functions such that τ?t? ≤ t, δ?t? ≤ t, and limt→∞τ?t? ? limt→∞δ?t? ? ∞.

As we are interested in oscillatory behavior, we assume throughout this paper that the

given time-scale T is unbounded above. We assume t0 ∈ T and it is convenient to assume

t0> 0. We define the time-scale interval of the form ?t0,∞?Tby ?t0,∞?T? ?t0,∞? ∩ T.

For the oscillation of neutral delay dynamic equations on time-scales, Mathsen et al.

?26? considered the first-order neutral delay dynamic equations on time-scales

?y?t? − r?t?y?τ?t???Δ? p?t?y?δ?t?? ? 0,t ∈ T,

?1.3?

and established some new oscillation criteria of ?1.3? which as a special case involve some

well-known oscillation results for first-order neutral delay differential equations.

Agarwal et al. ?7?, S ¸ah´ ıner ?28?, Saker ?31?, Saker et al. ?33?, Wu et al. ?34? studied the

second-order nonlinear neutral delay dynamic equations on time-scales

?

r?t???y?t? ? p?t?y?τ?t???Δ?γ?Δ? f?t,y?δ?t???? 0,t ∈ T,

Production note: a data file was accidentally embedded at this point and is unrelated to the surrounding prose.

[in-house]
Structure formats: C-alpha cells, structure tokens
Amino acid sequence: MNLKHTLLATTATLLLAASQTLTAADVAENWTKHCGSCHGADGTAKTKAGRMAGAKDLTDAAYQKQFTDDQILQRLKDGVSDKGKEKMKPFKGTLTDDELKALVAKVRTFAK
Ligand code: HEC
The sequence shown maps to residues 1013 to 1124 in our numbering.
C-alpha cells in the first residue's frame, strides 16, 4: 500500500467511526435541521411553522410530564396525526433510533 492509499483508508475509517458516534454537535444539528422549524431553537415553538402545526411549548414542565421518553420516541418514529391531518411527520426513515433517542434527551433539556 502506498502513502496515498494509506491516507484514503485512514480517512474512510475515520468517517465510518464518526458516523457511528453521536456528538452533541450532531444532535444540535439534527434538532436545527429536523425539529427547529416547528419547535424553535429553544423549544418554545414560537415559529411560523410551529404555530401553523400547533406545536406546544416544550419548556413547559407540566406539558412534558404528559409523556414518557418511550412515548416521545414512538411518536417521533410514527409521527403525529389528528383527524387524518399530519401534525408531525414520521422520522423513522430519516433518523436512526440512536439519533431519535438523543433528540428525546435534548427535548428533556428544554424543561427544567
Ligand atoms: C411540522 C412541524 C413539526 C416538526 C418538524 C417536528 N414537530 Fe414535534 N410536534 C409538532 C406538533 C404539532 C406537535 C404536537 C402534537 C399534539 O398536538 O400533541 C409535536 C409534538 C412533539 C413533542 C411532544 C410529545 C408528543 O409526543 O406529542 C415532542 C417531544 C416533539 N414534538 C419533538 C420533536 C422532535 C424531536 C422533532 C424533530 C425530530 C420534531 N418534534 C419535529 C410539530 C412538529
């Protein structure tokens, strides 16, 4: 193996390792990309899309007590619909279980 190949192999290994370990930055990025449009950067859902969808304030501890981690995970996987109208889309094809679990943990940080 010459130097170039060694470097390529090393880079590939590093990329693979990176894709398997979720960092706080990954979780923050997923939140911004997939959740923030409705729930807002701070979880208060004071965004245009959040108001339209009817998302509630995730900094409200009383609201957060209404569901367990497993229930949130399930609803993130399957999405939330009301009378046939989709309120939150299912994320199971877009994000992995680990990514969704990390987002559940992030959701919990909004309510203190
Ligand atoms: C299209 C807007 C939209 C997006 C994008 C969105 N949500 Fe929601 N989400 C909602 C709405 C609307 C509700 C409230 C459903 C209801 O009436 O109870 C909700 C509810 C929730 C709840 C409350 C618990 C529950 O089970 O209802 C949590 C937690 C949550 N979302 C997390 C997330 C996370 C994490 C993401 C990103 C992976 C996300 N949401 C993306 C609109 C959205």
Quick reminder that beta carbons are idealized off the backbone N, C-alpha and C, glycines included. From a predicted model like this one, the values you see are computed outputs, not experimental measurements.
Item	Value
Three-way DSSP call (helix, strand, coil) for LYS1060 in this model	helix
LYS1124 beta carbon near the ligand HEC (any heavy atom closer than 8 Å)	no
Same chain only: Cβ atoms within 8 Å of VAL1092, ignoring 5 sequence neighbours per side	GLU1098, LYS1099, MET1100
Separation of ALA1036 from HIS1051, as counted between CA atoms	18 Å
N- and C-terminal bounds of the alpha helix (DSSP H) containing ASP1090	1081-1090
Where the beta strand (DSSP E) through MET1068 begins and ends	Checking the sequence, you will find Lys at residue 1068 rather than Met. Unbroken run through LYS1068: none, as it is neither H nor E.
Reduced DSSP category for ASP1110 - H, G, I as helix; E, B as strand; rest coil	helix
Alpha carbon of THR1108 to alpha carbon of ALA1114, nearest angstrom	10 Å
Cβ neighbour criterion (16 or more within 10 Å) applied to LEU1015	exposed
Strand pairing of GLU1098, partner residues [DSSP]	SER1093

?1.4?

by means of Riccati transformation technique, the authors established some oscillation

criteria of ?1.4?.

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Saker ?32? investigated the second-order neutral Emden-Fowler delay dynamic

equations on time-scales

?

a?t??y?t? ? r?t?y?τ?t???Δ?Δ? p?t?yγ?δ?t?? ? 0,

and established some new oscillation for ?1.5?.

Our purpose in this paper is motivated by the question posed in ?26?: What can

be said about higher-order neutral dynamic equations on time-scales and the various

generalizations? We refer the reader to the articles ?23, 24? and we will consider the particular

case when the order is 3, that is, ?1.2?. Set t−1 :? mint∈?t0,∞?T{τ?t?,δ?t?}. By a solution of

?1.2?, we mean a nontrivial real-valued function x ∈ Crd??t−1,∞?T,R? satisfying x − ax ◦ τ ∈

C2

The paper is organized as follows. In Section 2, we apply a simple consequence of

Keller’s chain rule, devoted to the proof of the sufficient conditions which guarantee that

every solution of ?1.2? oscillates or converges to zero. In Section 3, some examples are